Here are some of the highlights:
Edinburgh: Festival Central
The minute I stepped off the train in Edinburgh (by the way, taking trains and ferries all around the UK and Ireland is the way to travel – but more on that in an upcoming post), my jaw dropped.
“Edinburgh is kind of like York on crack,” was the demure explanation given to me by one fellow before I arrived. I wasn’t entirely sure what that meant – until I disembarked and found myself standing in a sea of large five-story stocky buildings of inexplicable grandeur and character. Where York’s architecture could be called quaint, Edinburgh’s is grand.
Add to it the festival vibe – each summer consisting of numerous music and arts festivals including the Edinburgh International Fringe – and I was in heaven.
Granted, if I lived in Edinburgh, I (like most residents) might come to dislike festival season, what with the hoards of people milling about aimlessly and generally getting in the way. But since I was happily one of the hoard, I simply gave in to the experience and loved every minute of it; the street buskers everywhere, casts promoting their show with various antics, and giant stage setups at every turn.
Aside from Edinburgh’s formidable festivals and constant activity, the city is absolutely gorgeous. Surrounded by giant green craggy hills (seven of them in fact), there are many opportunities to get up high and see a panorama of the city, replete with a castle in the centre, ocean at the side, and a solid collection of buildings and parks all around. My biggest regret was not bringing my camera to one such central hilltop at sunset; to see the well-placed lights illuminating the gothic features of this dense city as the sky darkened is a memory that will last a long time.
The parks are manicured to within an inch of their lives and are very useable. Although I hear the cost of living in Edinburgh is formidable, it also strikes me as a very “livable” city.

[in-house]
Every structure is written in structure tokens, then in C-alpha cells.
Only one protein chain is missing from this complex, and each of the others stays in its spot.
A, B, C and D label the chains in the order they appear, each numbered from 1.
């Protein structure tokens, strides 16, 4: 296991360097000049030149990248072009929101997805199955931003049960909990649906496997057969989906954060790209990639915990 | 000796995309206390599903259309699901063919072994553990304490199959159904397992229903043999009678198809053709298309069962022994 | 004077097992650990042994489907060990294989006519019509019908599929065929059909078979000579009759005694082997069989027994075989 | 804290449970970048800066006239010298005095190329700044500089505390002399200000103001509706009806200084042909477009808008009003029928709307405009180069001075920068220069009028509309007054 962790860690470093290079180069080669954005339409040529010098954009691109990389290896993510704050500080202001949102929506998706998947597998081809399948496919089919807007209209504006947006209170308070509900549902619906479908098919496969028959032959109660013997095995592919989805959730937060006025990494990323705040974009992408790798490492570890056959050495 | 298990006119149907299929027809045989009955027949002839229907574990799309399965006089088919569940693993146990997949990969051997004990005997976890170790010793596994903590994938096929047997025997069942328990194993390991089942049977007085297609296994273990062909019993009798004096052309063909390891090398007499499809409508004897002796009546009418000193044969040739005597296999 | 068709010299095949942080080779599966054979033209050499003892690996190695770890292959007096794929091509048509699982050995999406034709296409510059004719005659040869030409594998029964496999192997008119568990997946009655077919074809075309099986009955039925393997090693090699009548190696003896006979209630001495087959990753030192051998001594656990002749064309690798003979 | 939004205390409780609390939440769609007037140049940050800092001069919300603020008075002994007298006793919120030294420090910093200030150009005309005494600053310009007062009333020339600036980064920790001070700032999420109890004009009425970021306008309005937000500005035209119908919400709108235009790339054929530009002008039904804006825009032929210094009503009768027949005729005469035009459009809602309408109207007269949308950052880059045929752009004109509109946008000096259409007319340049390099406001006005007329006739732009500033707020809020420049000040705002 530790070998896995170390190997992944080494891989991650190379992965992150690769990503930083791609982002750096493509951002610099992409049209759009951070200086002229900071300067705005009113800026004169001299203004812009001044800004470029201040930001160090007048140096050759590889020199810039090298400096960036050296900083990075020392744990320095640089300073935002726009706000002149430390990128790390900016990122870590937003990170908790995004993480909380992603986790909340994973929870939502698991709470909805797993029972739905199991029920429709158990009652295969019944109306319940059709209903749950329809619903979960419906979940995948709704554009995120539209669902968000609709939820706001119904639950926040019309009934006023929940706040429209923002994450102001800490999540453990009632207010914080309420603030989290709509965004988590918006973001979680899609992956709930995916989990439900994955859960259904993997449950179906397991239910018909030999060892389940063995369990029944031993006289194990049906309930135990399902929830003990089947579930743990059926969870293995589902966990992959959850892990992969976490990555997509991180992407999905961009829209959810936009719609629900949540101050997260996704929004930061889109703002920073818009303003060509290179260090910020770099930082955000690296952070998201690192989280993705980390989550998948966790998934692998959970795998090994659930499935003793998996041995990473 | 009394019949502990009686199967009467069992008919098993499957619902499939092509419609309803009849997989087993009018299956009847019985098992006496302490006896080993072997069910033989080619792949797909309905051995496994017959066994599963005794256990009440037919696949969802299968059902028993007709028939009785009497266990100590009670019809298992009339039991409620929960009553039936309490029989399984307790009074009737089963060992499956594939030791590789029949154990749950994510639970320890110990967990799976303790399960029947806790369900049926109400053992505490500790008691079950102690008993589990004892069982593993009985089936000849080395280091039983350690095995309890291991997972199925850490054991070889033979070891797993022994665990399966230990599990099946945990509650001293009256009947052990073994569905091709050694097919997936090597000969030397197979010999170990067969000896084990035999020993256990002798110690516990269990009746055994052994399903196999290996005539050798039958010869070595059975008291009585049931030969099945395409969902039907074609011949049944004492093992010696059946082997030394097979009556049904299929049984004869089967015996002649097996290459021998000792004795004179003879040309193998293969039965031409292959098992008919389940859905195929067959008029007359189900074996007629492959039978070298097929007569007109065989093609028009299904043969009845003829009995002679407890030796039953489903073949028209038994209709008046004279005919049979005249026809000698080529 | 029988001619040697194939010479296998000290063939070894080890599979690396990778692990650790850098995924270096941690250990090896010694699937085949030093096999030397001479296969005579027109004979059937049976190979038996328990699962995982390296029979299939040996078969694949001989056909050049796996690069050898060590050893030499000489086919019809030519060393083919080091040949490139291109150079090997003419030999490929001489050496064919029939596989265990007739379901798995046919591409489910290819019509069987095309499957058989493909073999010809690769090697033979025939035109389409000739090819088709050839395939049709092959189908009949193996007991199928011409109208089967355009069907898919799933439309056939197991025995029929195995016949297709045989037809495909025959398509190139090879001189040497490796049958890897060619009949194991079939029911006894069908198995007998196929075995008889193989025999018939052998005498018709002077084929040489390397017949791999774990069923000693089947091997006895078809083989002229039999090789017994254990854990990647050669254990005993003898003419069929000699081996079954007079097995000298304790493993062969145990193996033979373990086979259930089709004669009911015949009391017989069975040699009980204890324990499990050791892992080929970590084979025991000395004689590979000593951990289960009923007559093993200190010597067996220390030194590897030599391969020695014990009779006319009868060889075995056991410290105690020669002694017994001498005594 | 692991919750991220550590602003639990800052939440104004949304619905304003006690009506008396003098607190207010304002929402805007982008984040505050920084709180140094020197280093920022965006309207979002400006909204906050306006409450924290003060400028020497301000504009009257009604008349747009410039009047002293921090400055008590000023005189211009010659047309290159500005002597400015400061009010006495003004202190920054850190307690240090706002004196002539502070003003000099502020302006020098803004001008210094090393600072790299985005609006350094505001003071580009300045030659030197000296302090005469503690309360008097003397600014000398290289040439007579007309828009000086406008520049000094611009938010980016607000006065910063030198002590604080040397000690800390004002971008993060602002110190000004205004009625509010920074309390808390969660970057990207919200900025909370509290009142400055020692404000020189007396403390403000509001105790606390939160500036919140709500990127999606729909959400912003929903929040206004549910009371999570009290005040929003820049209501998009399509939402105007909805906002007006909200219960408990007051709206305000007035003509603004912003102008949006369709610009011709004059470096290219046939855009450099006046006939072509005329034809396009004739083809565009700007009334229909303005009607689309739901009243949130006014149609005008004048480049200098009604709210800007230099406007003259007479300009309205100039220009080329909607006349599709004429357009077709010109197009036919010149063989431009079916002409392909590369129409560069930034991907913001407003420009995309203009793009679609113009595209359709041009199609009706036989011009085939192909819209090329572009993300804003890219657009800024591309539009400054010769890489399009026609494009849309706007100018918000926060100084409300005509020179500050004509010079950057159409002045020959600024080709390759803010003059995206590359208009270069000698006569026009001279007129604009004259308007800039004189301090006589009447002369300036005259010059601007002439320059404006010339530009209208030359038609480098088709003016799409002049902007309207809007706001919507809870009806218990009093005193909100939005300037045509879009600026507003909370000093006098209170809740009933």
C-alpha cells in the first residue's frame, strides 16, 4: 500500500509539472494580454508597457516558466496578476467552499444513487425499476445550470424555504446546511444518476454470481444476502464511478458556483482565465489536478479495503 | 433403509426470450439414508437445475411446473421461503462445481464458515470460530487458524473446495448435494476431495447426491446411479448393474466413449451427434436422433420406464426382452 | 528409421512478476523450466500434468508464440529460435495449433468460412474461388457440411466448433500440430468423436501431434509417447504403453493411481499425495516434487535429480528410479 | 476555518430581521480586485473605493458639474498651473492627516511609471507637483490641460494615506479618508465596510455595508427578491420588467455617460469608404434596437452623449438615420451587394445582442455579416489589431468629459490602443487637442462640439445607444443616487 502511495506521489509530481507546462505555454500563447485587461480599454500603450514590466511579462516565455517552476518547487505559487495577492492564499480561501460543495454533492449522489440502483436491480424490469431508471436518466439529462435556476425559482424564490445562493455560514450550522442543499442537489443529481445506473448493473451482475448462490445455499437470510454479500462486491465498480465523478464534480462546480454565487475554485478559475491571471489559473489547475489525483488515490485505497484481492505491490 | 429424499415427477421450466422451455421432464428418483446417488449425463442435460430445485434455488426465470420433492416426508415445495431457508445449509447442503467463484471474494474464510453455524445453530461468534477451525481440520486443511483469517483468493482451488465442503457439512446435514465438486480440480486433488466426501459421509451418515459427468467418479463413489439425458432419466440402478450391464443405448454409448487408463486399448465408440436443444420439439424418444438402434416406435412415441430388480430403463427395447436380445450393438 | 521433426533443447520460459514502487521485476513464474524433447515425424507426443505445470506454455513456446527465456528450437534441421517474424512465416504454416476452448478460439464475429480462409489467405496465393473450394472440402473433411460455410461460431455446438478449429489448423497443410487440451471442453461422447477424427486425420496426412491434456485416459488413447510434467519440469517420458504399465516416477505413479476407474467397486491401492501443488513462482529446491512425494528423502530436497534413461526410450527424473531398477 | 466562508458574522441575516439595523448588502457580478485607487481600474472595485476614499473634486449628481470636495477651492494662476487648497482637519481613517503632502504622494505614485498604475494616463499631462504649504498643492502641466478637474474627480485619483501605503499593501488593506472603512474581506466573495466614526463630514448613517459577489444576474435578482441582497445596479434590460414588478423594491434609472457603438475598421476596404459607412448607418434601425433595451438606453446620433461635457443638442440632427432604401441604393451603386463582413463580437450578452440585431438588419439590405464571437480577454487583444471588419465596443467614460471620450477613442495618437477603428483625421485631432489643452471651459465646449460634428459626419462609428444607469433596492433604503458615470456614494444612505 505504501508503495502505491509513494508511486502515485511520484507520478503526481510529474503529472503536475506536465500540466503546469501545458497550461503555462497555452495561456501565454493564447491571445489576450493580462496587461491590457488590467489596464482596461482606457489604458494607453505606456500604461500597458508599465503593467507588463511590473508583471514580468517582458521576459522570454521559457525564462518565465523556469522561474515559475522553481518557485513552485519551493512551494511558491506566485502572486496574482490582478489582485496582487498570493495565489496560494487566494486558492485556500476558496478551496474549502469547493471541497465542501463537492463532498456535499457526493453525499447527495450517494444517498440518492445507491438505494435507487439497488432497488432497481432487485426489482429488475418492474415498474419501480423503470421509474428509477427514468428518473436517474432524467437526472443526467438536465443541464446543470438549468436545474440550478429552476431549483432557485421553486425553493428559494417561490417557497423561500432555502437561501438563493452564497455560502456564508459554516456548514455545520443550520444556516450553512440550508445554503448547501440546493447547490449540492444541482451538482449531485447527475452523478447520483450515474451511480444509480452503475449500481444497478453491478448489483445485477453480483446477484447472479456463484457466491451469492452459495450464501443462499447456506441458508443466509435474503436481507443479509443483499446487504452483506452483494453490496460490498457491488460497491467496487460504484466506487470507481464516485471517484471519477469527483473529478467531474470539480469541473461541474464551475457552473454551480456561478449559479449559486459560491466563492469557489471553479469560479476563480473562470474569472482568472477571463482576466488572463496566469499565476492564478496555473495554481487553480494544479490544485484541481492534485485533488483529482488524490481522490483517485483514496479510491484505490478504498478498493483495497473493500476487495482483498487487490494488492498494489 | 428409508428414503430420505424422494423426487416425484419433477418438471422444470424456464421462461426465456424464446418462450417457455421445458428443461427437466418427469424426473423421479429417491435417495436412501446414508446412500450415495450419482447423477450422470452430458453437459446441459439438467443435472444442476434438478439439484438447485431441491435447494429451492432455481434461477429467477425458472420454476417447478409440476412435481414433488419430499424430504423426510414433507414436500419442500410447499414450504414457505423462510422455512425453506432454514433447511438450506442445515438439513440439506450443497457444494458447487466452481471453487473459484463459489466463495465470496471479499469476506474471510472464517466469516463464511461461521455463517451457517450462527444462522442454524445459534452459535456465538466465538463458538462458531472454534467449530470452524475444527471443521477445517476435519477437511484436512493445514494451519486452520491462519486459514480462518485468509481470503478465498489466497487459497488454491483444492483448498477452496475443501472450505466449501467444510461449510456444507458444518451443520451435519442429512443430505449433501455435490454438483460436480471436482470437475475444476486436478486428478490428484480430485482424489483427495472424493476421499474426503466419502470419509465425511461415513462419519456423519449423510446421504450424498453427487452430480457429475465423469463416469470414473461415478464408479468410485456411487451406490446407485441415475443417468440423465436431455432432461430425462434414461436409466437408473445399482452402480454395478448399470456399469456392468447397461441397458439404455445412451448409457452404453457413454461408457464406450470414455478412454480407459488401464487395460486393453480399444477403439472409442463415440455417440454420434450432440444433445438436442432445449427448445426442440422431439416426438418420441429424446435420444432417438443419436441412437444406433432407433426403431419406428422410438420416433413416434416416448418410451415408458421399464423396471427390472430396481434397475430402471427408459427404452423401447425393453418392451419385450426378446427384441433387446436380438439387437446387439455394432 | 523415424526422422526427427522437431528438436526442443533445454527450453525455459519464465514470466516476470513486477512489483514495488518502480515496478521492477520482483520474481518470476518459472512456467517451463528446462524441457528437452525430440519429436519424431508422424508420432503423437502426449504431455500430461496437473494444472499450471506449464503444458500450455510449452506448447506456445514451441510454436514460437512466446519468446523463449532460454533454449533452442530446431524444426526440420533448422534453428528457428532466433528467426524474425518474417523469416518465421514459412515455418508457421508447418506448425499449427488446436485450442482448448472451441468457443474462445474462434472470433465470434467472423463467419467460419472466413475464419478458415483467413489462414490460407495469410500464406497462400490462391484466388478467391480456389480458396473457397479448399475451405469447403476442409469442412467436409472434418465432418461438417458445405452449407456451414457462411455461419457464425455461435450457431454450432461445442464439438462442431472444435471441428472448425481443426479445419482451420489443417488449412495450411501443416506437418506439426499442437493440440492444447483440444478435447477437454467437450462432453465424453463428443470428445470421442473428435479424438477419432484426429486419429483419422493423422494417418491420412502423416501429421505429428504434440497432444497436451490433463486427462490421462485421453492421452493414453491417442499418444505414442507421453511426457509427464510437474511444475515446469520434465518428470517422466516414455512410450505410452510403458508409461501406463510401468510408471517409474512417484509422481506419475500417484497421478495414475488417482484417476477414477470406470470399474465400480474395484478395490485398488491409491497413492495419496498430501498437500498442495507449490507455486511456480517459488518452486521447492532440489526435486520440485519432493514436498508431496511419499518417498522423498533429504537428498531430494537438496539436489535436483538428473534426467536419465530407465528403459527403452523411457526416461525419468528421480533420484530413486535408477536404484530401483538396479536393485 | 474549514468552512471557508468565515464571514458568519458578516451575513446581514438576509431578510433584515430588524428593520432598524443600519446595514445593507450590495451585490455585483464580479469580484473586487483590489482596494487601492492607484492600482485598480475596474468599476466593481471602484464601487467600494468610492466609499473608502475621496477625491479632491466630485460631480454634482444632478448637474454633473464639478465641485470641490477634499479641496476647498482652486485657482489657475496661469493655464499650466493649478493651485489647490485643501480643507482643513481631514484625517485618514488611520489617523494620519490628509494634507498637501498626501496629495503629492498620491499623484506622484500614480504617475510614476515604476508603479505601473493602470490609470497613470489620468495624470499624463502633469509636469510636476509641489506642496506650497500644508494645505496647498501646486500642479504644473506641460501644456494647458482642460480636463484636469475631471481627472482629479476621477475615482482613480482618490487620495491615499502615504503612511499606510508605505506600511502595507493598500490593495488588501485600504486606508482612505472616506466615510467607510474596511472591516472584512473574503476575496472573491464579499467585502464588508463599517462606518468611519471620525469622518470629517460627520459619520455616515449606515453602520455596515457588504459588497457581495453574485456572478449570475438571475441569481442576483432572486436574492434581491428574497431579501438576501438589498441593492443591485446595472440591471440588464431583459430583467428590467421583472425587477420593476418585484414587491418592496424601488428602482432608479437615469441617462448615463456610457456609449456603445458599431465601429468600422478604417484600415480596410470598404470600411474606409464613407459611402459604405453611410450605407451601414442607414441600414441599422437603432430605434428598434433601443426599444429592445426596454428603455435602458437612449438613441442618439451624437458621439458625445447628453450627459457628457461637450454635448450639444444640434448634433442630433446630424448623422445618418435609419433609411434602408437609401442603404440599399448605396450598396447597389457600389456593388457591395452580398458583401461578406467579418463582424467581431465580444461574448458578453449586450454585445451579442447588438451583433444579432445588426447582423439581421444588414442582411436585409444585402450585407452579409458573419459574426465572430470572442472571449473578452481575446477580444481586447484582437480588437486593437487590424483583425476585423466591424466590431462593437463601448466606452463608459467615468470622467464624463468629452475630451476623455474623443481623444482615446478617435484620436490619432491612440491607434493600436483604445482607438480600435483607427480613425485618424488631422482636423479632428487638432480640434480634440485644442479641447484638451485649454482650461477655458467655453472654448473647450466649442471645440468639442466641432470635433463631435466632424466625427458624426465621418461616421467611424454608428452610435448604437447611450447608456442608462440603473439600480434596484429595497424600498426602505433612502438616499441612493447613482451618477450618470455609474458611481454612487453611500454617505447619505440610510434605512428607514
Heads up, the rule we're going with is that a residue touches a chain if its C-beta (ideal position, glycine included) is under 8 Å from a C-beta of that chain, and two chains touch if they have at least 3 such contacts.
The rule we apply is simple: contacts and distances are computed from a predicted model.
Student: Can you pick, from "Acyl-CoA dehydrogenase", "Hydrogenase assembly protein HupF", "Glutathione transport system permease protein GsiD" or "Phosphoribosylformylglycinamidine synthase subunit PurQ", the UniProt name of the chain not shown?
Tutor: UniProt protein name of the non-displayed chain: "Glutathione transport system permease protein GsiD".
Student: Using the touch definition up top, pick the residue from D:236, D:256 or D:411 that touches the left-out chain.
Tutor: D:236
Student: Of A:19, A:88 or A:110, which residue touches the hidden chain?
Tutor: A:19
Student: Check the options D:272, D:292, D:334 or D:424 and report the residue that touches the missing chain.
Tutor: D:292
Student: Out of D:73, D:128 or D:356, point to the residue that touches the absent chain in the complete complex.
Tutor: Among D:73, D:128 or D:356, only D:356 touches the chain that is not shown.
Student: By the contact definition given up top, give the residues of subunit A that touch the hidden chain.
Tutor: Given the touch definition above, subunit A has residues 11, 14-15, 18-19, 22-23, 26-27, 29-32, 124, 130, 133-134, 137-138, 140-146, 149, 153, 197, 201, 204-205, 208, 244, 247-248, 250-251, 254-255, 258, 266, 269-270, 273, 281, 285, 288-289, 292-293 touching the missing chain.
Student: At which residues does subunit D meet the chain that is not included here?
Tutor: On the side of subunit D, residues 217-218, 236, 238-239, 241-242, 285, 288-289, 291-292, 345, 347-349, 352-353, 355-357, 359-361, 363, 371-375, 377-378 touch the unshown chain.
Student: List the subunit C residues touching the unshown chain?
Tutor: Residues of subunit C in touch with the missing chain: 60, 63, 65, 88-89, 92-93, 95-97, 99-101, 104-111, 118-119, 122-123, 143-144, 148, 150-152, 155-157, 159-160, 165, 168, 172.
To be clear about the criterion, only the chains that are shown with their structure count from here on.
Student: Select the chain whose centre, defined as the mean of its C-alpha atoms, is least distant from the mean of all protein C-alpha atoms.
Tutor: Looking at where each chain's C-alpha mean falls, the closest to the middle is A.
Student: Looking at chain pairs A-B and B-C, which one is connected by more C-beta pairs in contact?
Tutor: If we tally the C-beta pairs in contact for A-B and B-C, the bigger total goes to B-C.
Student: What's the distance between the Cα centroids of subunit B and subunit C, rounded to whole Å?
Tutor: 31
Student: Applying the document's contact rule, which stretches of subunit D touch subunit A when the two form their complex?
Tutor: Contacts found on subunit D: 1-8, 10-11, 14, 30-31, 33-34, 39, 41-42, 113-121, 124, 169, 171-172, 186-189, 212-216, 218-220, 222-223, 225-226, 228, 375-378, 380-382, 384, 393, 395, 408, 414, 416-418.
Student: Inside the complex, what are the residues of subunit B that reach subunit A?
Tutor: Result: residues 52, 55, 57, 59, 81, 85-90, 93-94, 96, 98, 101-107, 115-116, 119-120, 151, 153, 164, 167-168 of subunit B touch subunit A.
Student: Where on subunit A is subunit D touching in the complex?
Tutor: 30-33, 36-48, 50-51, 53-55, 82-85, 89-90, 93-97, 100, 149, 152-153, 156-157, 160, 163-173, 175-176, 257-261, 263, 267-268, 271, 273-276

The Highlands of Scotland
After a few days in Edinburgh, it was off to the highlands for me. Being an avid hiker (“hill-walker” as is one of the local terms), I was not disappointed. I rented a car with a friend, a loose plan of where to go, and a totally inappropriate map for the journey. Much fun was had by all.
We drove through national parks, aside innumerable lochs (including none other than Lock Ness), around countless ports, and across islands. We toured distilleries (as a Scotch fan I had to see at least one distillery), stopped wherever we wished, and hiked our little hearts out.
Yes. I had haggis. No. I didn’t think about what haggis is really made of while I ate it. And yes. I loved it.
Aside from Scotland’s iconic meaty haggis (which is a compliment to any meal of the day) I noticed another trend in Scottish cuisine; something I thought was attributable more to the English (what with their deep-fried bread instead of toast as part of a traditional English breakfast), but something which the Scottish seem to have a significant and creative handle on: fried foods.
You can get just about anything fried in Scotland. I remember hearing about deep fried Mars bars many years ago with an equal amount of horror and morbid interest. And although I didn’t sample any odd deep fried delicacies myself, I visited a small take-away in Edinburgh that is reputed to be one of the best. In addition to all the regular fried foods you can imagine, here are a few of the more bizarre fried foods they had on offer:
- Full rack of barbecue ribs
- Cheeseburgers – bun and all (I’m pretty sure they held the lettuce)
- Calzone (filled with haggis)
- Chocolate bars
Since arriving in the UK, I saw almost no rain. In my three weeks in England, only two days were rainy in any substantial way; the rest of the time there may have been small isolated showers here and there, but really nothing to speak of. In fact, sunshine was more the norm.
The same went for Scotland. In 10 days, I saw one day of rain. Sadly it put a damper (hardy har har) on a 16 mile hike I had planned for the day, but I chose to view the sheets of water falling from the sky as a challenge to return to Scotland and complete the hike at another time.
Ireland as well (which you’ll read about shortly) – was over two weeks of sunshine, with only two days seeing any rain at all.
This constant – and uncharacteristic – great weather that has pretty much followed me through all of Europe has gotten me to thinking: I have a very special talent here. Everywhere I go, the sun shines…even in England, Scotland, and Ireland. I think there could be money in this.
As such, my services are now up for hire: bring me to your home town, and I’ll bring the nice weather. Pretty good deal, huh?